Other languages support and encourage fuzz testing. libFuzzer and AFL are widely used, particularly with C/C++, and AFL has identified vulnerabilities in programs like Mozilla Firefox, Internet Explorer, OpenSSH, Adobe Flash, and more. In Rust, cargo-fuzz allows for fuzzing of structured data in addition to raw bytes, allowing for even more flexibility with authoring fuzz targets. Existing tools in Go, such as go-fuzz, have many success stories, but there is no fully supported or canonical solution for Go. The goal is to make fuzzing a first-class experience, making it so easy that it becomes the norm for Go packages to have fuzz targets. Having fuzz targets available in a standard format makes it possible to use them automatically in CI, or even as the basis for experiments with different mutation engines.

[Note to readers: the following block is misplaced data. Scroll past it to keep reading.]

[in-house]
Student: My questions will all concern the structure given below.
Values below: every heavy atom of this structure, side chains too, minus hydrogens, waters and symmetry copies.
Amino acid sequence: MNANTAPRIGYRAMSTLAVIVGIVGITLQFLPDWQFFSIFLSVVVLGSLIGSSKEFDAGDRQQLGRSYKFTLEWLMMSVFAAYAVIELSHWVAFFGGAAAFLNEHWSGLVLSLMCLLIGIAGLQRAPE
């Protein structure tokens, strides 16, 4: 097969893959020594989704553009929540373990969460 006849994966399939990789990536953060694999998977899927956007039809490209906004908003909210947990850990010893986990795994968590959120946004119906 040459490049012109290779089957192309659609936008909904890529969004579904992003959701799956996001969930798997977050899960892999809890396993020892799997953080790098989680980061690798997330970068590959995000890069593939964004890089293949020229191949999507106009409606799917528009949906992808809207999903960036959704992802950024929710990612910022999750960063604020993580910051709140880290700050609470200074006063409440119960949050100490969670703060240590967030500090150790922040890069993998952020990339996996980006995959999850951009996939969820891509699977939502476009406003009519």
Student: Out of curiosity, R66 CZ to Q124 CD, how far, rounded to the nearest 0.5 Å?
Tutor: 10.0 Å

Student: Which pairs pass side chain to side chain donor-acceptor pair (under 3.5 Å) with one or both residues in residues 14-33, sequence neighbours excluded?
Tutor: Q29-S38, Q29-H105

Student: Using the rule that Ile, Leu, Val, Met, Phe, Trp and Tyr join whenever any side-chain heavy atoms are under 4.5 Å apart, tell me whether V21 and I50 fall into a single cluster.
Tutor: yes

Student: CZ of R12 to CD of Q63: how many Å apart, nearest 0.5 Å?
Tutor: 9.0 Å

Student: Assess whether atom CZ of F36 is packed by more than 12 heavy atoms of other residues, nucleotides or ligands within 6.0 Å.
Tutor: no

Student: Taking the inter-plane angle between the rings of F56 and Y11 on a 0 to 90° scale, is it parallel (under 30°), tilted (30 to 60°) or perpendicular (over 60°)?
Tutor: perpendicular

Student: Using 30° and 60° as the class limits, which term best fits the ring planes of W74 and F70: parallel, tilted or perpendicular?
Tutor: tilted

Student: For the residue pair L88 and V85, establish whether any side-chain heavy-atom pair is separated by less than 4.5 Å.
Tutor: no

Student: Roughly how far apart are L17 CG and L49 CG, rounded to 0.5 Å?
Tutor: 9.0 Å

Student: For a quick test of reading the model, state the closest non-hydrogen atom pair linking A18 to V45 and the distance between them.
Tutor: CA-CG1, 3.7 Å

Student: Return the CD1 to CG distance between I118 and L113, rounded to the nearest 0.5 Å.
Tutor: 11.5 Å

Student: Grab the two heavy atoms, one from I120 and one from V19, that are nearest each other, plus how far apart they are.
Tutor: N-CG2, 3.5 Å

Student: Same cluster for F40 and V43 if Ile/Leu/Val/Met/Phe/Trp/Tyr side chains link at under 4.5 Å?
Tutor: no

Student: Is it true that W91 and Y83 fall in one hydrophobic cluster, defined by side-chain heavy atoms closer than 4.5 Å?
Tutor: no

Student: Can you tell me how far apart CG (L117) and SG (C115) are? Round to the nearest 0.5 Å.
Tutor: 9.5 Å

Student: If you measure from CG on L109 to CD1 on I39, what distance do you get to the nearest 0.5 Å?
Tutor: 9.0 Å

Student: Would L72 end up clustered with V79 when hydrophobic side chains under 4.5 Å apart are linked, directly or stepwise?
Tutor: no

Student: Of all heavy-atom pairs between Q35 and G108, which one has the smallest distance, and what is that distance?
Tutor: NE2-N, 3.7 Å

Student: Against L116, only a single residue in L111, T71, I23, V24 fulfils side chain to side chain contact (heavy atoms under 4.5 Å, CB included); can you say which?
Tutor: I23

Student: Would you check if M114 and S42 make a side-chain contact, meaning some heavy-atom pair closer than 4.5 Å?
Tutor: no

There is strong community interest for this. It’s the third most supported proposal on the issue tracker (~500 +1s), with projects like go-fuzz (3.5K stars) and other community-led efforts that have been in the works for several years. Prototypes exist, but lack core features like robust module support, go command integration, and integration with new compiler instrumentation.


Support Fuzz functions in Go test files, making fuzzing a first class option for Go developers through unified, end-to-end support.